U.K. Talks Up U.S. Trade Deal, Despite White House Call Omission

The U.K. brushed aside skepticism about the prospects for a trade deal with the U.S., saying the bulk of an agreement is already done and an accord would boost both countries’ economic recovery from the coronavirus pandemic.

Britain’s international trade secretary Liz Truss was asked in an interview on Bloomberg television about the prospects for a deal, after the White House failed to mention the subject in a read-out of a recentcall between President Joe Biden and Prime Minister Boris Johnson.

“We’ve agreed the majority of text in the majority of chapters,” Truss said in the interview Monday. “The important thing for me is it’s a good deal, rather than it gets done quickly.”

Signing a free-trade agreement with the U.S. has become one of the key planks of Britain’s post-Brexit strategy, as it seeks new trading relationships worldwide having left the European Union. Johnson’s office said he discussed the benefits of trade with Biden on their call last week, though a statement from the White House didn’t mention it.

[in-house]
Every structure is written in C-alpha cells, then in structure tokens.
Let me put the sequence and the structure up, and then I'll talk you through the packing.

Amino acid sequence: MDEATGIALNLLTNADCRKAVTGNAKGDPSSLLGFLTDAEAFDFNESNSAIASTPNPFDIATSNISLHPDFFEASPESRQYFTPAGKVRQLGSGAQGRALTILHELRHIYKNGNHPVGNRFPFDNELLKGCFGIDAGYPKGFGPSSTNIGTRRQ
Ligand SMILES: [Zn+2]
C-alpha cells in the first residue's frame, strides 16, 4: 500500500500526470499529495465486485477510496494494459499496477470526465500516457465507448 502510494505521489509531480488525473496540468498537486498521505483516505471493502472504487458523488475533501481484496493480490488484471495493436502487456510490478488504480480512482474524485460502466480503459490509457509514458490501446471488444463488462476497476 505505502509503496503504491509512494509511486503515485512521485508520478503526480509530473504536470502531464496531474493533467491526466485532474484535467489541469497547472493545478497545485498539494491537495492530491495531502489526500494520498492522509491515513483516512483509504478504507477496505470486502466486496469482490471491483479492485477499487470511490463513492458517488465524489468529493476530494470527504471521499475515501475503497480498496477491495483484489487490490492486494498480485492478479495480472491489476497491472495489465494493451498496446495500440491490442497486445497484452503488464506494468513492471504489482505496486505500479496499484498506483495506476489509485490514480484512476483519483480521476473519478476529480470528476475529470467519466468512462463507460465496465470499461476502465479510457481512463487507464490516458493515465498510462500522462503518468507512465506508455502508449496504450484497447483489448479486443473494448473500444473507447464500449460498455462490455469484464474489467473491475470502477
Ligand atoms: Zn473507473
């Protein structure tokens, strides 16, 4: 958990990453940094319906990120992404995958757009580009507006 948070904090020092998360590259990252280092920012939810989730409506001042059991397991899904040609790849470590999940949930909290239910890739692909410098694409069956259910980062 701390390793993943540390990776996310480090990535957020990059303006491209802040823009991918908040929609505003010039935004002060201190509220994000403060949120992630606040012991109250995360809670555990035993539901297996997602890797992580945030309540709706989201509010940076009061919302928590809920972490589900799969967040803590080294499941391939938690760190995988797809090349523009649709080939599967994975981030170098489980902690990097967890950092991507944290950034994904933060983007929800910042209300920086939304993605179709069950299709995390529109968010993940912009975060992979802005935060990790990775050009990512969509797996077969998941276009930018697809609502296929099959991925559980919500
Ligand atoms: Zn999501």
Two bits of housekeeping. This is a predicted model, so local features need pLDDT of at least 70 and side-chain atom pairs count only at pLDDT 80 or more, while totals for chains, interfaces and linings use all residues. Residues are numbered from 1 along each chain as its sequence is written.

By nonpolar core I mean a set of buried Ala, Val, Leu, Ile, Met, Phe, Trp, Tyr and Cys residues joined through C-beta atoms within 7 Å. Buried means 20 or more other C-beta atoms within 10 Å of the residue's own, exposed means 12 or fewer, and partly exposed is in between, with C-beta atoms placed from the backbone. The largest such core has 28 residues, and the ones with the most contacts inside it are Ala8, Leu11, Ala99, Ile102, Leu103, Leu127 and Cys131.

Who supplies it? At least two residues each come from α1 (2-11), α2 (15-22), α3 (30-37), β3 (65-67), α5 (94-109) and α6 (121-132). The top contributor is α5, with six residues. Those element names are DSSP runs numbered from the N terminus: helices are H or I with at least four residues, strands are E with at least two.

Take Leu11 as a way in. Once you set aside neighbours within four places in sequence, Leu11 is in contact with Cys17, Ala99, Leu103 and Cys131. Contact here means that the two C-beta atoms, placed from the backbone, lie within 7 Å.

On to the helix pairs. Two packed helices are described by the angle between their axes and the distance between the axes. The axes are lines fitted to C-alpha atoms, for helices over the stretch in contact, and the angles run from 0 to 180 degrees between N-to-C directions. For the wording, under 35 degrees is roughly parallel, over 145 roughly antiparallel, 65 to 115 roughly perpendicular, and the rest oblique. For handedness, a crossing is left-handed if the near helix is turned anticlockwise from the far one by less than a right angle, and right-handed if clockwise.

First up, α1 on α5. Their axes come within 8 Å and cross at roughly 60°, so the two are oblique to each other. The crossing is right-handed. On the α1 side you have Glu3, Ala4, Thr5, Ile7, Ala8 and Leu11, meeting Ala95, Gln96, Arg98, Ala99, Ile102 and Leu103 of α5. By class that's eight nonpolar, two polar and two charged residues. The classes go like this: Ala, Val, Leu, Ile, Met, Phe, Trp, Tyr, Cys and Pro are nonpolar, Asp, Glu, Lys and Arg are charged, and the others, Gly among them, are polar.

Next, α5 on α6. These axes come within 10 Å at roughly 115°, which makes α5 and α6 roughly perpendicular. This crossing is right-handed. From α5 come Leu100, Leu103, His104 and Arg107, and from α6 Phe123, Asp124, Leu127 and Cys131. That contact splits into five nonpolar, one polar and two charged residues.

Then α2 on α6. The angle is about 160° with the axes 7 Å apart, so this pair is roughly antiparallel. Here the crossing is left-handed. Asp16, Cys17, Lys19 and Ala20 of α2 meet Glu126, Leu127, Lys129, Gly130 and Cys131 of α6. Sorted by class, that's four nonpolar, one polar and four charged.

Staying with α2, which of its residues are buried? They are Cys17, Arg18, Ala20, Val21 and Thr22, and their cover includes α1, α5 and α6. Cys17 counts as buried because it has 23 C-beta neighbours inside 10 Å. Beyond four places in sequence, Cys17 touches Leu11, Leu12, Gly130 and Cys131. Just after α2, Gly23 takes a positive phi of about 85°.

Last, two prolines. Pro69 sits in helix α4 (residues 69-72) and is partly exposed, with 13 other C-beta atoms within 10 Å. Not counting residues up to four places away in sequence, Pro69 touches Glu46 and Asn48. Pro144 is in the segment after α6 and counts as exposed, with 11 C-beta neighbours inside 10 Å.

Janet Yellen, Biden’s nominee for treasury secretary, also said last week that the new administration would not sign any free trade agreements until the U.S. has made major investments domestically. Truss said she will talk with Katherine Tai, Biden’s choice to be the U.S. trade representative, to discuss the time-frame for an agreement.

“It’s in both the interests of the U.S. and the U.K., as the global economy seeks to recover from coronavirus, that we’re putting our money where our mouth is and delivering more trade,” Truss said. “The United Kingdom is never going to be forced by some deadline into a deal that doesn’t suit all parts of our country.”

— With assistance by Guy Johnson, and Alix Steel

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